Sylvester (1985)

25 Mar

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Smith’s Verdict: ***

Reviewed by Tanner Smith

The story for “Sylvester” is nothing new. It’s the story of a spunky young woman and her equally gutsy horse. The horse is reckless at first, but maybe it can be trained to become a champion. We’ve seen this before, particularly in “National Velvet” starring Elizabeth Taylor. But “Sylvester” has something going for it, and it’s not in the predictable story; it’s in the actors’ performances and the story around the girl and the horse.

Melissa Gilbert, from TV’s “Little House on the Prairie,” turns in an excellent performance as Charlie, a sixteen-year-old orphan girl who cares for her two younger brothers by herself and works at a ranch. She wants to train horses and wants a challenge. She finds one, all right, in Sylvester Stallone (no, really—that’s what she names the wild horse of the bunch). This is a wild, unruly horse—not the kind of horse you’d see competing in the steeplechase trials.

But hey, maybe…just maybe…Sylvester will be able to do it.

OK, we all know the conflicts at hand here. Charlie has to deal with the court officials concerning her and her brothers living alone; they later live with the farmer who becomes a father figure; the father figure is skeptical about the horse being trained by Charlie; Charlie gets Sylvester in good riding form; and of course, with help from the farmer, her brothers, and her boyfriend, Charlie is able to compete in the steeplechases. We go through the checklist of events.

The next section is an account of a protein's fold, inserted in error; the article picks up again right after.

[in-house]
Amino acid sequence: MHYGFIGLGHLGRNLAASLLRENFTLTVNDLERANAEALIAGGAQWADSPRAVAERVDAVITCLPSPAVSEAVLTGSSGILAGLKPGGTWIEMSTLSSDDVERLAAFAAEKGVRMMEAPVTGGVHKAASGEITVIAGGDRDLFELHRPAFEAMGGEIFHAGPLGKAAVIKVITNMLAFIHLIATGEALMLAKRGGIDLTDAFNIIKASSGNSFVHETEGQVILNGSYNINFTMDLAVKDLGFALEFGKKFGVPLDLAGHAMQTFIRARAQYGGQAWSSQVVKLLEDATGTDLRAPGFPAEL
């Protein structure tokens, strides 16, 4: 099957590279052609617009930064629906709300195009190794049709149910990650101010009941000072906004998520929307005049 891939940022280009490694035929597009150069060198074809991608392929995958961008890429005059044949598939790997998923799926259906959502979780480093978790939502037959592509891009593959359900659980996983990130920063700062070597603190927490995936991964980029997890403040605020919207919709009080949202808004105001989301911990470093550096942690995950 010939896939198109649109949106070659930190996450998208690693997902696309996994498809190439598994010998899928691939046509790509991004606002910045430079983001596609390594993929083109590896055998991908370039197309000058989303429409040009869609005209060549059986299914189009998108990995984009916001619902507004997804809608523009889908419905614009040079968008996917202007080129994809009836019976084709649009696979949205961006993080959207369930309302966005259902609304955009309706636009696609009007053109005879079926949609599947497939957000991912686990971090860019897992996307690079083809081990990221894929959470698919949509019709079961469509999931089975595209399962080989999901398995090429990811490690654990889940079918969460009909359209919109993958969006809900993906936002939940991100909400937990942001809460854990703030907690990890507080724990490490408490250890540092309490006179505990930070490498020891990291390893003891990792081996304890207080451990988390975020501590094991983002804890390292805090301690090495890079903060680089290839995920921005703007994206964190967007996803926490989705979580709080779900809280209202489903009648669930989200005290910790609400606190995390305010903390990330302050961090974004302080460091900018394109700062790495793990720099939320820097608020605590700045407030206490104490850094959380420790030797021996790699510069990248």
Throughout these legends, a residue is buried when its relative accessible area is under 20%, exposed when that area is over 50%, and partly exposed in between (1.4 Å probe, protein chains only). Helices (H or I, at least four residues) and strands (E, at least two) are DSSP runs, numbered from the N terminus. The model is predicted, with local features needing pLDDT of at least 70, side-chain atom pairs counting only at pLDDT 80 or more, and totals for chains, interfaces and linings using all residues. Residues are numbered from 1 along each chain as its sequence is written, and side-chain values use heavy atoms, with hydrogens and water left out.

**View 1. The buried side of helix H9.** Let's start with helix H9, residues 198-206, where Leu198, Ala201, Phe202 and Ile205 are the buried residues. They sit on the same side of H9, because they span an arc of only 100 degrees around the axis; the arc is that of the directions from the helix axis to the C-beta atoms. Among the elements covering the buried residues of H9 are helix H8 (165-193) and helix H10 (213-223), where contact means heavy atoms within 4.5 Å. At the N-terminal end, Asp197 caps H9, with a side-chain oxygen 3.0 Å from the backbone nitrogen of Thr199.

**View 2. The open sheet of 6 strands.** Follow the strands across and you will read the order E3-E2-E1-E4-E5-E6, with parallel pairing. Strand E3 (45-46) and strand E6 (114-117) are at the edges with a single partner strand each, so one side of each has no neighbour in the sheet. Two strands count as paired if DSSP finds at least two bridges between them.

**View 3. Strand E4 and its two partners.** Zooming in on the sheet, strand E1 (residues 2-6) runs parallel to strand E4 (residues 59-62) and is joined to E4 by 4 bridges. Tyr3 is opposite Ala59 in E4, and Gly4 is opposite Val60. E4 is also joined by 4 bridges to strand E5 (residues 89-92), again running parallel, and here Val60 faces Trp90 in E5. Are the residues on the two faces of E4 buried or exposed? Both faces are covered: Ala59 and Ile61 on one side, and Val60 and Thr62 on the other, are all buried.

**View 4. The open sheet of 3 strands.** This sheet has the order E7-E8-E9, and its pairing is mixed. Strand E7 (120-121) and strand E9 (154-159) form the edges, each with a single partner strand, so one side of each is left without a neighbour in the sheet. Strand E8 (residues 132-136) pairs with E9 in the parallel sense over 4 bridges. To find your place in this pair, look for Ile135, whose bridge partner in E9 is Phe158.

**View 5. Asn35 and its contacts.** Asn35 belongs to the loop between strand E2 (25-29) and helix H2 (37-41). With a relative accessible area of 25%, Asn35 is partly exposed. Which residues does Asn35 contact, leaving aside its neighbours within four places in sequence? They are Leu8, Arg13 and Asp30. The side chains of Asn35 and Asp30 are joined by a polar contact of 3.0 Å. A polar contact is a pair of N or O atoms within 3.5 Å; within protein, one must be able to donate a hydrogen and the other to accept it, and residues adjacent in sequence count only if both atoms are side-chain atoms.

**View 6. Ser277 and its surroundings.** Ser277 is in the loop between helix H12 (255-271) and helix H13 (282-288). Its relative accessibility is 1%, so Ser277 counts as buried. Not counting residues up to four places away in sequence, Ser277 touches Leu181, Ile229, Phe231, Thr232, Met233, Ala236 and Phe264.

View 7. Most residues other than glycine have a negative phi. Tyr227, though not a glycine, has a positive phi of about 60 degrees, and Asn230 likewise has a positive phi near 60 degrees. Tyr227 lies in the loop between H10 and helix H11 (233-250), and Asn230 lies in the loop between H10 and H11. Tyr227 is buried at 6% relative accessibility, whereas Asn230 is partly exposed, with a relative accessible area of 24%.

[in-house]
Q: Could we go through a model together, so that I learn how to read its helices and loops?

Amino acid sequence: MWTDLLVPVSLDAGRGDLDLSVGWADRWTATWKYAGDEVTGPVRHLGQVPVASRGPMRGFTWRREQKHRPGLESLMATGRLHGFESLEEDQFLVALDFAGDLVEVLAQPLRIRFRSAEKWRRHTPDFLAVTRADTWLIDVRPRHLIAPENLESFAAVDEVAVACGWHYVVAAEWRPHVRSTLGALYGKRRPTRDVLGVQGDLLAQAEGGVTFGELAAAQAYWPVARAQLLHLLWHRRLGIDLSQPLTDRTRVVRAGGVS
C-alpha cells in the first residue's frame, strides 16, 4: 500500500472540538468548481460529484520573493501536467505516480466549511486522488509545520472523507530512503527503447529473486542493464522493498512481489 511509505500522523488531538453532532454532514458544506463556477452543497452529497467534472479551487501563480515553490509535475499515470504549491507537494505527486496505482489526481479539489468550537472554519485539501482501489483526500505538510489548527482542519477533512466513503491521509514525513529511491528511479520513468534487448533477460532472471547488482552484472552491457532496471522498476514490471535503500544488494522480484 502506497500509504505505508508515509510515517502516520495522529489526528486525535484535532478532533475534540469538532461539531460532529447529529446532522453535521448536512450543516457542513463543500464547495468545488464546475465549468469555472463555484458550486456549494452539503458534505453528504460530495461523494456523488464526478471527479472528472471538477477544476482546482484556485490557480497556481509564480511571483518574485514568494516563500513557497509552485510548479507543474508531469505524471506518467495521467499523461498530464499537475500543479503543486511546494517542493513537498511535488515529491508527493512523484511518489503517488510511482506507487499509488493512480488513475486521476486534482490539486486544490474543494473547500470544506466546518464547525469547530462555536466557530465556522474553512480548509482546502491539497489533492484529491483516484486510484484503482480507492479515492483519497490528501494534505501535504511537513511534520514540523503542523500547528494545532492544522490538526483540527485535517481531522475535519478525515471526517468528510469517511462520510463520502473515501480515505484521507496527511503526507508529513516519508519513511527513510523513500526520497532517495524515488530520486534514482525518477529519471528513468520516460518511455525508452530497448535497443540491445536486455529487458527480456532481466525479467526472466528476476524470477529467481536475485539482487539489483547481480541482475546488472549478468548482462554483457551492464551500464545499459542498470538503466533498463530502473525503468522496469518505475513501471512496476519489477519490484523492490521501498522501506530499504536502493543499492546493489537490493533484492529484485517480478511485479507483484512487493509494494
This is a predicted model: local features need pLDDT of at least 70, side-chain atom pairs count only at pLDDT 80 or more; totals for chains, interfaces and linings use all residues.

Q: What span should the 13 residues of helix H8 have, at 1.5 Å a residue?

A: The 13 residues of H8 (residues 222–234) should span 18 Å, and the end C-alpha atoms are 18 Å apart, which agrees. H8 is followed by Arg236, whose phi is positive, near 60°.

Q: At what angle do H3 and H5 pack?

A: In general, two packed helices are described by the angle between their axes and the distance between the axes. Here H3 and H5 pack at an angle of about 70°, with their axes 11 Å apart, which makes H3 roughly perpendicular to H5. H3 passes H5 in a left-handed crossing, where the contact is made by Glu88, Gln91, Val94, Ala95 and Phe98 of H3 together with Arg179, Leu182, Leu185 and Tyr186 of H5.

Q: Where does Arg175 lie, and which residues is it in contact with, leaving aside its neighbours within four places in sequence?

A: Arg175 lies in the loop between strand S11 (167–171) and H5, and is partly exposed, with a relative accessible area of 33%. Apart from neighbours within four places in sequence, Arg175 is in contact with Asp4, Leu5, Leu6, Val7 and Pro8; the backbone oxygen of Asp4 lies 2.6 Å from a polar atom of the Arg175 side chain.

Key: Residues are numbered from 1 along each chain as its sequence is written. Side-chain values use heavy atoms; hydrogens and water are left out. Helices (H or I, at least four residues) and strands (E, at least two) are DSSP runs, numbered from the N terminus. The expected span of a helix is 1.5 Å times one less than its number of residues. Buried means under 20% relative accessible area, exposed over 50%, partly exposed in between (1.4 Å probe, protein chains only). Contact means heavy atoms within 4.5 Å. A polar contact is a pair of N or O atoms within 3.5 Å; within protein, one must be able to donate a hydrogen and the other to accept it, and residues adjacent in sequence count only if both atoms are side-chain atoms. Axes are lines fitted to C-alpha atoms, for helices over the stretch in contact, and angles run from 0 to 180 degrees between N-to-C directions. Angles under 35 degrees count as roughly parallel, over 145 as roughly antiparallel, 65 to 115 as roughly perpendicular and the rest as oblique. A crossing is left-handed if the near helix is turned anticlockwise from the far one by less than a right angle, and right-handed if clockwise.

BUT among the formula and the obligatory scenes that come with it, we still have the pleasure of watching of viewing the actors portraying these characters. Melissa Gilbert is great in this movie—she has a unique star presence and brings conviction to the role of young Charlie. Richard Farnsworth is also great as the grizzled old farmer who takes her and her brothers in, showing more dimensions than we’re used to. Even Michael Schoeffling (“Sixteen Candles”), as the obligatory handsome boyfriend, does a nice job.

The horse is the least interesting element in the movie. He’s just there as a way to get the story and the heroine in the directions they’re supposed to go. But to be fair, I’m glad this isn’t one of those movies where the horse makes everything happy when the girl is sad. The horse isn’t a practically human reincarnate. It’s just a horse. The story isn’t about the horse, despite this horse’s name Sylvester being the title of the movie. It’s about the people this time.

“Sylvester” isn’t particularly original, except for when it’s dealing with Charlie’s issues and the development of the people around her. It is also harmless for kids and I think adults will enjoy the more mature aspects of the story. It’s a nice family film that could have been great, but as it is, it’s a good movie.

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